September is National Recovery Month, a time to celebrate recovery
and share stories about how substance use treatment and mental health services have helped people live healthy and rewarding lives.
This month we were honored to connect with an Employment Access Center (EAC) Clothing Closet volunteer who also identifies as being in recovery. Read how recovery has impacted Dikeeshea’s attitude towards volunteerism, her interactions
with others, and her career aspirations.
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Name: Dikeeshea Witherspoon
Position: I volunteer in the clothing closet at the Employment Access Center.
Could you tell me a little about your duties in the clothing closet?
My duties in the clothing closet are going through any clothing
that people donate to Central City Concern, [deciding] what I think should be put in the clothing closet and then organizing by size and style. I also
help when people come in and need an outfit put together for an interview; they’re looking for a certain size of pants, or a shirt, or if they
just need some clothes. It’s fun because me being the age that I am (millennial) I can kind of hit towards the hipper stuff to wear.
What first drew you to Central City Concern?
I was working but I wanted to give back to the community that I took from. Using drugs,
stealing, like all of the crazy stuff that comes along with using drugs and drinking and being homeless, I wanted to give back. So I started volunteering
at the St. Francis Church in Eugene after two people in recovery told me about it. Boy, was it an experience! To be able to feed the community no matter
what walks of life they went through; I was eager to be a part of something like that. I wanted to stay volunteering and after I came to Portland,
I wanted to keep being a part of a group. That’s what really pushed me into Central City Concern.
Since coming here do you feel like you’ve become a part of the bigger group?
Oh yes! Especially since I got a nametag
and my picture is on it and it says “volunteer” on the bottom. I feel like I’m part of the community just because I am a volunteer. I can walk into
the EAC and feel absolutely comfortable. Yeah, it’s homey. I’m there and it’s good for me.
How would you say your recovery has informed your volunteerism and vice versa?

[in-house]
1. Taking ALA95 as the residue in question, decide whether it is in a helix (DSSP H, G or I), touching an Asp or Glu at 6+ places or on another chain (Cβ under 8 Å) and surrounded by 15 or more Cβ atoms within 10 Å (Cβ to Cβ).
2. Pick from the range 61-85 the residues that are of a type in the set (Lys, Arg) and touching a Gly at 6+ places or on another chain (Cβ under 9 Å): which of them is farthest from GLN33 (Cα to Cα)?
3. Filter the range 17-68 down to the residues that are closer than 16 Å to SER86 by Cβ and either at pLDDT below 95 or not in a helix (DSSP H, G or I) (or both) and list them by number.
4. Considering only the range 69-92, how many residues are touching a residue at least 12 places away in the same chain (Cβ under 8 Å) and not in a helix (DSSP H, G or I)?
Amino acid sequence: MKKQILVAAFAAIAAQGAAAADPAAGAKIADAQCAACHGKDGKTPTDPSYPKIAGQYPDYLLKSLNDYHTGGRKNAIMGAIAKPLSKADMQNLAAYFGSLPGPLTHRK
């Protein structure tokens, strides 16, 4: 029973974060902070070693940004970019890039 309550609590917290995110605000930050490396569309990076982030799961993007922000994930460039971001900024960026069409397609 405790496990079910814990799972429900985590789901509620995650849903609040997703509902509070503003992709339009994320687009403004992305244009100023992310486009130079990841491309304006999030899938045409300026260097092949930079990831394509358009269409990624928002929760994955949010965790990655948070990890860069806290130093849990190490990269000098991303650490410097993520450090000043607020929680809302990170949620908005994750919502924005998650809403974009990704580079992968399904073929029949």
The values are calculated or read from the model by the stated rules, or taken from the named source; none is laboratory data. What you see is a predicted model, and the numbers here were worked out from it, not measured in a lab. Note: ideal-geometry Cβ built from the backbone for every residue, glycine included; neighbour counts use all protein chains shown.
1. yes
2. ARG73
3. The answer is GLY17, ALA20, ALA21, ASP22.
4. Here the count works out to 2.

I go to NA meetings and I have a service position, but for me that’s not enough. Being able to volunteer for a community that is the same as what
I’m going through or what I’ve been through—like the community of being homeless, the community of looking for a job and trying to survive outside—I
feel like it’s helped my recovery tremendously. If I didn’t volunteer, I’m not sure my recovery would’ve blossomed as much as it has. It holds me accountable.
Like, if I don’t volunteer am I giving back? I’m not.
I started out doing drugs and drinking and not thinking about who I was hurting, about the people I was hurting outside of myself. You know, like my family,
like all the crimes I committed while being under the influence, not worrying about taxpayers money, not worrying about anything. I just didn’t care.
But now that I’m clean and sober I see all of the people that I hurt, how much I hurt myself, how just, disgusting I felt inside. And how pure and
clean and open I feel now that I’m clean and sober and I’ve been able to help with volunteering and even working. It’s very full circle.
Have you had any experiences in the clothing closet that have stuck with you or just made your day?
So one day there was this gentleman
who was really early on in his recovery. He came into the clothing closet and he didn’t have any teeth in and he was really embarrassed. He was talking
like his mouth was almost closed and he had his hand over his mouth and I was thinking “oh my gosh, why is he doing that,” you know? And then he said,
“Oh, I’m sorry I’m talking muffled, I just don’t have my teeth in. I haven’t got them yet.” And so for somebody to come in and try to find clothes
because he has a job interview and he doesn’t even have his teeth yet, that touched my heart. He’s still looking for work and he’s going to go into
this interview teeth in or not! I don’t know if I didn’t have teeth in, or if I couldn’t take a shower, or if I couldn’t do my hair or put on makeup,
I don’t know if I would have gone to the clothing closet and attempted to get some clothes for an interview or even had an interview.
And I actually saw him just yesterday and he was grinning from ear to ear. He’s been working, and he was just smiling, and I thought “oh my god, that is
the same guy that I saw months ago but with all of his teeth now.” They were just bright and shiny. And, every time I see him I think about that because
I see him in the community and yeah, it touched me. It gave me hope in people.
Any thoughts or parting words you’d like share?
I would say that Central City Concern has really helped me. It opened
up my eyes to see the community of where I came from to the community of where I want to be. It’s opened my eyes to get back into school. This will
be the first time, my going to college. It’s helped me to bring it all together to know what I want to do with my life. Being able to talk to people
about their job or how they got there and me wanting what they have. I didn’t used to think that way but seeing how many people have walked the same
life that I’ve walked and now look at them; so successful. That’s my parting words.
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If you are interested in learning more about volunteer positions at Central City Concern’s health and recovery,
housing, or employment programs,
contact Eric Reynolds, CCC’s Volunteer Manager, at firstname.lastname@example.org or visit our volunteer webpage.